Barbara Tuchman

The ills and disorders of the 14th century could not be without consequence. Times were to grow worse over the next fifty-odd years until at some imperceptible moment, by the some mysterious chemistry, energies were refreshed, ideas broke out of the mold of the Middle Ages into new realms, and humanity found itself redirected.

The open frontier, the hardships of homesteading from scratch, the wealth of natural resources, the whole vast challenge of a continent waiting to be exploited, combined to produce a prevailing materialism and an American drive bent as much, if not more, on money, property, and power than was true of the Old World from which we had fled.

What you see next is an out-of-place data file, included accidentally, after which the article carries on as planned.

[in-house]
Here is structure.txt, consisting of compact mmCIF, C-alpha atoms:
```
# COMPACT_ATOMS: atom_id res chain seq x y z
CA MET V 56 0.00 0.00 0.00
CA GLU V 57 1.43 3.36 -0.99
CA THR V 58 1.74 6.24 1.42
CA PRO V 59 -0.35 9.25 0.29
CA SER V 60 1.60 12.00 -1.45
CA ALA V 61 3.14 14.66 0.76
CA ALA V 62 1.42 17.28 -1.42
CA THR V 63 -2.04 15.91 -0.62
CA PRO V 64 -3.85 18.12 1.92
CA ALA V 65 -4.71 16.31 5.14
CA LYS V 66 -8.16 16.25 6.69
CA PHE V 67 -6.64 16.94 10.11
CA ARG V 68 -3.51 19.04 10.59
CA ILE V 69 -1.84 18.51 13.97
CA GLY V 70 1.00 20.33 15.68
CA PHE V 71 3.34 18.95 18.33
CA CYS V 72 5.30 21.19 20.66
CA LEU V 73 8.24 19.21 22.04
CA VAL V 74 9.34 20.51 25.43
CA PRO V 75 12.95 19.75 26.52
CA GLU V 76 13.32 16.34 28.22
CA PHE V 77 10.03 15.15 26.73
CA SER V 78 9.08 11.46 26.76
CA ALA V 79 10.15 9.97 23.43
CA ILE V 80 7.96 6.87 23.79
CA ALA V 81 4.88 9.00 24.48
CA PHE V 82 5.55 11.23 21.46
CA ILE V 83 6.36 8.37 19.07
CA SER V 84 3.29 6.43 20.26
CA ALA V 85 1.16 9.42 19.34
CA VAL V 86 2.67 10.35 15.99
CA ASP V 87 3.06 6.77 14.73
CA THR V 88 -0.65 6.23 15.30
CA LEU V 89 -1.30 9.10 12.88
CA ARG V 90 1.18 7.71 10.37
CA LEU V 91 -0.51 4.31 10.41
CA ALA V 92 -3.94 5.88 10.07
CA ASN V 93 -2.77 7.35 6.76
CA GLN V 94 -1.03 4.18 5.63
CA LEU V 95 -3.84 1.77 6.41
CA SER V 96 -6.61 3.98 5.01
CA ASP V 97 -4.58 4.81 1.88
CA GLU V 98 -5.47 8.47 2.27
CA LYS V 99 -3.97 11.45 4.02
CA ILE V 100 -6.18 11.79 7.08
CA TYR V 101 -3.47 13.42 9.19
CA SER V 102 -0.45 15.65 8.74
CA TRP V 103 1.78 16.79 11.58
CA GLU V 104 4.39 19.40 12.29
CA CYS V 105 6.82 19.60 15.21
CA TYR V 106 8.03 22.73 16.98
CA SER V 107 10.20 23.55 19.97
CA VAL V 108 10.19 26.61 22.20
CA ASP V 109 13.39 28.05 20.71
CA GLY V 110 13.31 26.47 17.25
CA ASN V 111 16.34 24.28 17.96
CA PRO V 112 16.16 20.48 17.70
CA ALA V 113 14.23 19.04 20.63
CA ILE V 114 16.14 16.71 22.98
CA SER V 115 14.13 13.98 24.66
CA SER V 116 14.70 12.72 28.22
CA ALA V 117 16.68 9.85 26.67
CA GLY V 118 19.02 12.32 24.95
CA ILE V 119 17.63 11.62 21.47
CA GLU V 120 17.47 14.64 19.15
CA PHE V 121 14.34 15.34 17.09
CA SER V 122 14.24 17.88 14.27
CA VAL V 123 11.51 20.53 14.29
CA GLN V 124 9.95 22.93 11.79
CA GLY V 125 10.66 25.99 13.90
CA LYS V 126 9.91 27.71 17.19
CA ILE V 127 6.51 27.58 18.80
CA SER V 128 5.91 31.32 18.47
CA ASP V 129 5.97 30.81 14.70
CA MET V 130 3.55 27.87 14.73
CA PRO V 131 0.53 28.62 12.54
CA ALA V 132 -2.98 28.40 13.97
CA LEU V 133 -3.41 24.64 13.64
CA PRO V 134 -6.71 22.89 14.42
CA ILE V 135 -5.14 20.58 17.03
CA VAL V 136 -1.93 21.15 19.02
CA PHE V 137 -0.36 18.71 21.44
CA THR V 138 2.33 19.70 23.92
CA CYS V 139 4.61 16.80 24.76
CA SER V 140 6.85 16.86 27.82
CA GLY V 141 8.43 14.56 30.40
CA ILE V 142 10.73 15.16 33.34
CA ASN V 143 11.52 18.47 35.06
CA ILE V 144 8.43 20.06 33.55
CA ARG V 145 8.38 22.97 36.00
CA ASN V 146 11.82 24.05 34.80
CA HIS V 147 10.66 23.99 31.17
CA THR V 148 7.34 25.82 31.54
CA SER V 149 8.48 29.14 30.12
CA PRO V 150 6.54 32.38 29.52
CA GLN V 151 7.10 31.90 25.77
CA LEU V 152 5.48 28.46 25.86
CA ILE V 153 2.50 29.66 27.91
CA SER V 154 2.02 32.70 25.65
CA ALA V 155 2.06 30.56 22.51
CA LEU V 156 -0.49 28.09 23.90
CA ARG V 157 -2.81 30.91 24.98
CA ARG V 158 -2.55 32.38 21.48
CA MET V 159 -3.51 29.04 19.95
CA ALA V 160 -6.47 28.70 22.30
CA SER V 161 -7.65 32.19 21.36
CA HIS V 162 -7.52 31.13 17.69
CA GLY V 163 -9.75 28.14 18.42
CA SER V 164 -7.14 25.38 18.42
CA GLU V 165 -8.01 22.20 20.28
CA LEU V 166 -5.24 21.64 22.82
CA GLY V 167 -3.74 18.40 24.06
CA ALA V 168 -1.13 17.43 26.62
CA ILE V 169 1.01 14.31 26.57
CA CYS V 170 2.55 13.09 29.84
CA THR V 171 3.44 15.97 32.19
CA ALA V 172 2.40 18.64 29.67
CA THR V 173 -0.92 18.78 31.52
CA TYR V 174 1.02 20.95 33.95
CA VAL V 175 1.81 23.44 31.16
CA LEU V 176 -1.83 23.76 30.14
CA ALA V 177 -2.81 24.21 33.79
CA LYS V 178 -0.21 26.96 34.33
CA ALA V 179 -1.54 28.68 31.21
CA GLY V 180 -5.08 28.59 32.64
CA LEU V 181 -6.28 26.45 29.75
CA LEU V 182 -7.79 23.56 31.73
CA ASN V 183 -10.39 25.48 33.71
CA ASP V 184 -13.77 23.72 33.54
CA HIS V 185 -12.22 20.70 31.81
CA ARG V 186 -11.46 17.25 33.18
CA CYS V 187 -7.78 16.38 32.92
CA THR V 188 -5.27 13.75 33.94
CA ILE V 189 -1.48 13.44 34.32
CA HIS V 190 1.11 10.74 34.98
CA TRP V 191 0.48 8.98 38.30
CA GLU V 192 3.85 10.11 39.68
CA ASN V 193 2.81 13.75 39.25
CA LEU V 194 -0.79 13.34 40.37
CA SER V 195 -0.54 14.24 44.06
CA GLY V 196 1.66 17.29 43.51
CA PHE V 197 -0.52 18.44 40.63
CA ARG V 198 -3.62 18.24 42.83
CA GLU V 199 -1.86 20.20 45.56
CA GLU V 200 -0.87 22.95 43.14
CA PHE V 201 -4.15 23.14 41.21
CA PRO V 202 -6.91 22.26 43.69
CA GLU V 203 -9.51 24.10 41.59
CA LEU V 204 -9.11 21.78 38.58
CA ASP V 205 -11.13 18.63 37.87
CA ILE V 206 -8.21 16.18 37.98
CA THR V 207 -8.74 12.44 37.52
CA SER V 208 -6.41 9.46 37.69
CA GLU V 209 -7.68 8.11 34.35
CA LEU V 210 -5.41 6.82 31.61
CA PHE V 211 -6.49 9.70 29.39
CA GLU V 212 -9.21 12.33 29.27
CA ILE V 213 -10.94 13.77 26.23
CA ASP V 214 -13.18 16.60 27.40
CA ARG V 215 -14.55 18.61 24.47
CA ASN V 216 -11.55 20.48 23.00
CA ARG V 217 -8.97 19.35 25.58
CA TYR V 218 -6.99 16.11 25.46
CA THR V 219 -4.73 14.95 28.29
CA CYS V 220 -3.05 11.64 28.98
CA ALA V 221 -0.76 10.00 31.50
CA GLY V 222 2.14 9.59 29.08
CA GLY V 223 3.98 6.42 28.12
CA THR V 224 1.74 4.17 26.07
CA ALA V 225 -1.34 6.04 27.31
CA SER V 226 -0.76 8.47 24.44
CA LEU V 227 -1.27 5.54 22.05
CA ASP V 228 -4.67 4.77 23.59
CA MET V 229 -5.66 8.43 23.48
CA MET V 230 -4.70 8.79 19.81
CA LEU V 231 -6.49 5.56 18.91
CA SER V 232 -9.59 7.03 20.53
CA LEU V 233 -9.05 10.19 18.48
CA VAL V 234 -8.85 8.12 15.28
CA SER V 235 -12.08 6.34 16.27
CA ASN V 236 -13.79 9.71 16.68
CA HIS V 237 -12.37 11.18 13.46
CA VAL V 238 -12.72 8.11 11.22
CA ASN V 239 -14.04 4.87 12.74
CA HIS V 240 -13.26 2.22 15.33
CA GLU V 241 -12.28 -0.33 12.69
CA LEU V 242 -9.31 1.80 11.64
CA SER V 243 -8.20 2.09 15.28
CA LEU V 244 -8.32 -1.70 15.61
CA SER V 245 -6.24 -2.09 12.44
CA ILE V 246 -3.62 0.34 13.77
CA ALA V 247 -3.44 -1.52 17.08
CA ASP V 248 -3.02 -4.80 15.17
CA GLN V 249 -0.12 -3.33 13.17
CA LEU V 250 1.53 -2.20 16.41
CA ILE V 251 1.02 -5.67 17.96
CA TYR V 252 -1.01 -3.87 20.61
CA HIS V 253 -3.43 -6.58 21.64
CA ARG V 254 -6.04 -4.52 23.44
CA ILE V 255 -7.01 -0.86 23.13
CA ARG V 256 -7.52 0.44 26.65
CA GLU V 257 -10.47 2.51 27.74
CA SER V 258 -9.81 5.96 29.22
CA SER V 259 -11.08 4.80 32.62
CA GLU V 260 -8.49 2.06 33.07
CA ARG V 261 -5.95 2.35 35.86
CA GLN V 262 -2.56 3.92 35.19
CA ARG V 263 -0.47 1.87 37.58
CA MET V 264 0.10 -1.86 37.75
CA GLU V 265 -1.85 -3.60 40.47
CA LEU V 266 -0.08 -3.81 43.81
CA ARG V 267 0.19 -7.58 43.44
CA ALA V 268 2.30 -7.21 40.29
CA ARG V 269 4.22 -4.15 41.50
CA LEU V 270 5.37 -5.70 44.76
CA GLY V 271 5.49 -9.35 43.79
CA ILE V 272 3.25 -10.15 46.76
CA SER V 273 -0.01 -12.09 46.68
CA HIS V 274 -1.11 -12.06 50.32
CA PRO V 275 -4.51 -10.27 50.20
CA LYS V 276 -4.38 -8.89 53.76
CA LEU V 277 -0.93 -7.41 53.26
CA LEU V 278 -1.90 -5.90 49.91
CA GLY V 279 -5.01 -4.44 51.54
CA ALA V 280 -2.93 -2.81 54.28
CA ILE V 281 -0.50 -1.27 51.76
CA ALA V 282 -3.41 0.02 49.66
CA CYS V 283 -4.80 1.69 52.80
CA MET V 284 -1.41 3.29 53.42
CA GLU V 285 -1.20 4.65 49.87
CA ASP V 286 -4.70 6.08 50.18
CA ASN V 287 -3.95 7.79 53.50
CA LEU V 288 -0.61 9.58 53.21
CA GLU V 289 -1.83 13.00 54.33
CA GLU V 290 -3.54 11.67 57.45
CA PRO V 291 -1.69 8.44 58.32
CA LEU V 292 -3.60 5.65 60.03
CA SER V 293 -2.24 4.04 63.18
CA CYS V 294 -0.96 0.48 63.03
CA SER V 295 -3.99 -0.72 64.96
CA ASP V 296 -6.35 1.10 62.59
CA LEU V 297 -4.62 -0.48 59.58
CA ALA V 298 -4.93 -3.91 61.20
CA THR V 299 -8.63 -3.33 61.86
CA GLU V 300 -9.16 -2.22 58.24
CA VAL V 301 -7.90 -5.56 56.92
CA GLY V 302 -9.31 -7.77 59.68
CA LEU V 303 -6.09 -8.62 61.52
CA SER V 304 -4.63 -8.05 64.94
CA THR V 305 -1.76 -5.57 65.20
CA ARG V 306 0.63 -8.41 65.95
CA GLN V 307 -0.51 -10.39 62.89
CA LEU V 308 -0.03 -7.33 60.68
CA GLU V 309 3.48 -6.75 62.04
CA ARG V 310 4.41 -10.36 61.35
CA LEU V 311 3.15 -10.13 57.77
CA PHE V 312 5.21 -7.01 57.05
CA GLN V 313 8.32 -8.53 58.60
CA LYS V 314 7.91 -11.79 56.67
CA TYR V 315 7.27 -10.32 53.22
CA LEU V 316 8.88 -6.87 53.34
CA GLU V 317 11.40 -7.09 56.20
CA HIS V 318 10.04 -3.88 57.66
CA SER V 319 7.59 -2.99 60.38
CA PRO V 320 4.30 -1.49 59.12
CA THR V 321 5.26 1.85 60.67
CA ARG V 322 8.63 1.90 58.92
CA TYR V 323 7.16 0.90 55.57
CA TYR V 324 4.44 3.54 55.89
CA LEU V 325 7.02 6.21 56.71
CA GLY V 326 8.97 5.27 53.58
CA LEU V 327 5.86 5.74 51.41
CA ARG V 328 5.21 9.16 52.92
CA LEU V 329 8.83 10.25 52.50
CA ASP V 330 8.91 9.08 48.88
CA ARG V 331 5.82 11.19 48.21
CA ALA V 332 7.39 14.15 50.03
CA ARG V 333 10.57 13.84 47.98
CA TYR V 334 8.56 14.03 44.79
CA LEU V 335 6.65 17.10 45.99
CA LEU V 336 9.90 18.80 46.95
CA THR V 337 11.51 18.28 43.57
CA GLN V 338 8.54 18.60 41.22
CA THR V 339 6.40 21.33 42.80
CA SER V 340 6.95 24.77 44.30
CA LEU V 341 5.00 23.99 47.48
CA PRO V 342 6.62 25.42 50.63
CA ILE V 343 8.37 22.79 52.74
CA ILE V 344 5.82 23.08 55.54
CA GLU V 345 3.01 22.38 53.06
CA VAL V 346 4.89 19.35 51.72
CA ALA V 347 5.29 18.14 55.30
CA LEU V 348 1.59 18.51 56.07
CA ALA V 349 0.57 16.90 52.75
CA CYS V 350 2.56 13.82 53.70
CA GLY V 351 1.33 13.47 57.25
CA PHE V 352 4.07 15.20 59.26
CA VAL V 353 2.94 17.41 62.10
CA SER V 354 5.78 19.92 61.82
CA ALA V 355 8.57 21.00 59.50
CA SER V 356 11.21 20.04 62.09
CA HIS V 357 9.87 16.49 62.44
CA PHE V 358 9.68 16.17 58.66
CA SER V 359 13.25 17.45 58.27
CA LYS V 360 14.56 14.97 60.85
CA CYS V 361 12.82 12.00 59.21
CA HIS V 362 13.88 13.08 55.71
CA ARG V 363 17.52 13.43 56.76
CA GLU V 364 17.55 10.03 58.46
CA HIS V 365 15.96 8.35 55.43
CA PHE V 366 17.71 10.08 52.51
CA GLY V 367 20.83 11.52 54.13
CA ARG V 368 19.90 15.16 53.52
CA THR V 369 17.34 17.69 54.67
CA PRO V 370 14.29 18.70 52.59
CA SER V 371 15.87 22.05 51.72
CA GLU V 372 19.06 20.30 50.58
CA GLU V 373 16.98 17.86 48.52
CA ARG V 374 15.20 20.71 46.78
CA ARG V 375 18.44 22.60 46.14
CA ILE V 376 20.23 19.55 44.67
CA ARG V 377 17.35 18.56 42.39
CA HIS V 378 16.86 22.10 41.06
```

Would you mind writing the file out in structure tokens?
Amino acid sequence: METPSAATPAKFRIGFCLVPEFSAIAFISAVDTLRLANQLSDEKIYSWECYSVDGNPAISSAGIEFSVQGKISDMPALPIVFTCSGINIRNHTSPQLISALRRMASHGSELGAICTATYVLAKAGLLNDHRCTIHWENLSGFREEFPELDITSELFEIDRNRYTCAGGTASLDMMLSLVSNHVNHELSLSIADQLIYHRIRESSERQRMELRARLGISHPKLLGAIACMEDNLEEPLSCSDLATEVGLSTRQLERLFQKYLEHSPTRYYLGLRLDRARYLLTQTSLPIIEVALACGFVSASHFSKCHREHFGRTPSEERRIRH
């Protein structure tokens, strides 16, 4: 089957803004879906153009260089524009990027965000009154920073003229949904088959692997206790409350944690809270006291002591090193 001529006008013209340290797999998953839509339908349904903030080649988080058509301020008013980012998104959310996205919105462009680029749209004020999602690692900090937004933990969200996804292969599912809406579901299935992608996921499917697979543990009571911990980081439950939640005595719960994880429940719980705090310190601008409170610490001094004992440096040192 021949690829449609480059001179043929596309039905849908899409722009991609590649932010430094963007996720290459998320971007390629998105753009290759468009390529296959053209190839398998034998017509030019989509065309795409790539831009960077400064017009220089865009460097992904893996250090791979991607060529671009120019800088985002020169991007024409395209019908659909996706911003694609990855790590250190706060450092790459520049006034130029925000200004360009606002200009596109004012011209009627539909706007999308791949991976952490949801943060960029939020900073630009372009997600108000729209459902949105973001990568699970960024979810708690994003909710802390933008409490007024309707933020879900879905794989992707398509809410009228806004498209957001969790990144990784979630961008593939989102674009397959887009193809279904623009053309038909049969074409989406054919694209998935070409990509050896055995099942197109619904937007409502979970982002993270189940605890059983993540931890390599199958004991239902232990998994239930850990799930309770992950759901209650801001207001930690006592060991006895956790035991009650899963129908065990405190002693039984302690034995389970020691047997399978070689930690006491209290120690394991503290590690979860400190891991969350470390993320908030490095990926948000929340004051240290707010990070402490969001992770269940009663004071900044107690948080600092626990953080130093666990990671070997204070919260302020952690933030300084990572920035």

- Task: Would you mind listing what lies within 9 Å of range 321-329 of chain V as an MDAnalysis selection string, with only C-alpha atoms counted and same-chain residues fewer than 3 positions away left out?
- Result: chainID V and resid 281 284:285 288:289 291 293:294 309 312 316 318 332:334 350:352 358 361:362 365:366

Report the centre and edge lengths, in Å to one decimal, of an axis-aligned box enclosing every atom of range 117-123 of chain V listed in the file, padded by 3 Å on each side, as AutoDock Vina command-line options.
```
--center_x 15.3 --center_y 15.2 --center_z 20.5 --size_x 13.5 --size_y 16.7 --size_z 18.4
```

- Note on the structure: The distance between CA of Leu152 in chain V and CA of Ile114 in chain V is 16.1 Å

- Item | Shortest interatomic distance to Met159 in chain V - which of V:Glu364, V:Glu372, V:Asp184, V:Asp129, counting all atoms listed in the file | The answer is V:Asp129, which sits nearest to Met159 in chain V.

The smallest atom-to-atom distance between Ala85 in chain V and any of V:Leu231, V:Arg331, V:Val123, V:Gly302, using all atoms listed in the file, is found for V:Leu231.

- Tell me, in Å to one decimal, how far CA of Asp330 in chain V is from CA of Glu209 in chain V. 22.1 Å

His (Deschamps’) complaint of court life was the same as is made of government at the top in any age: it was composed of hypocrisy, flattery, lying, paying and betraying; it was where calumny and cupidity reigned, common sense lacked, truth dared not appear, and where to survive one had to be deaf, blind, and dumb.

It is wiser, I believe, to arrive at theory by way of evidence rather than the other way around…. It is more rewarding, in any case, to assemble the facts first and, in the process of arranging them in narrative form, to discover a theory or a historical generalization emerging of its own accord.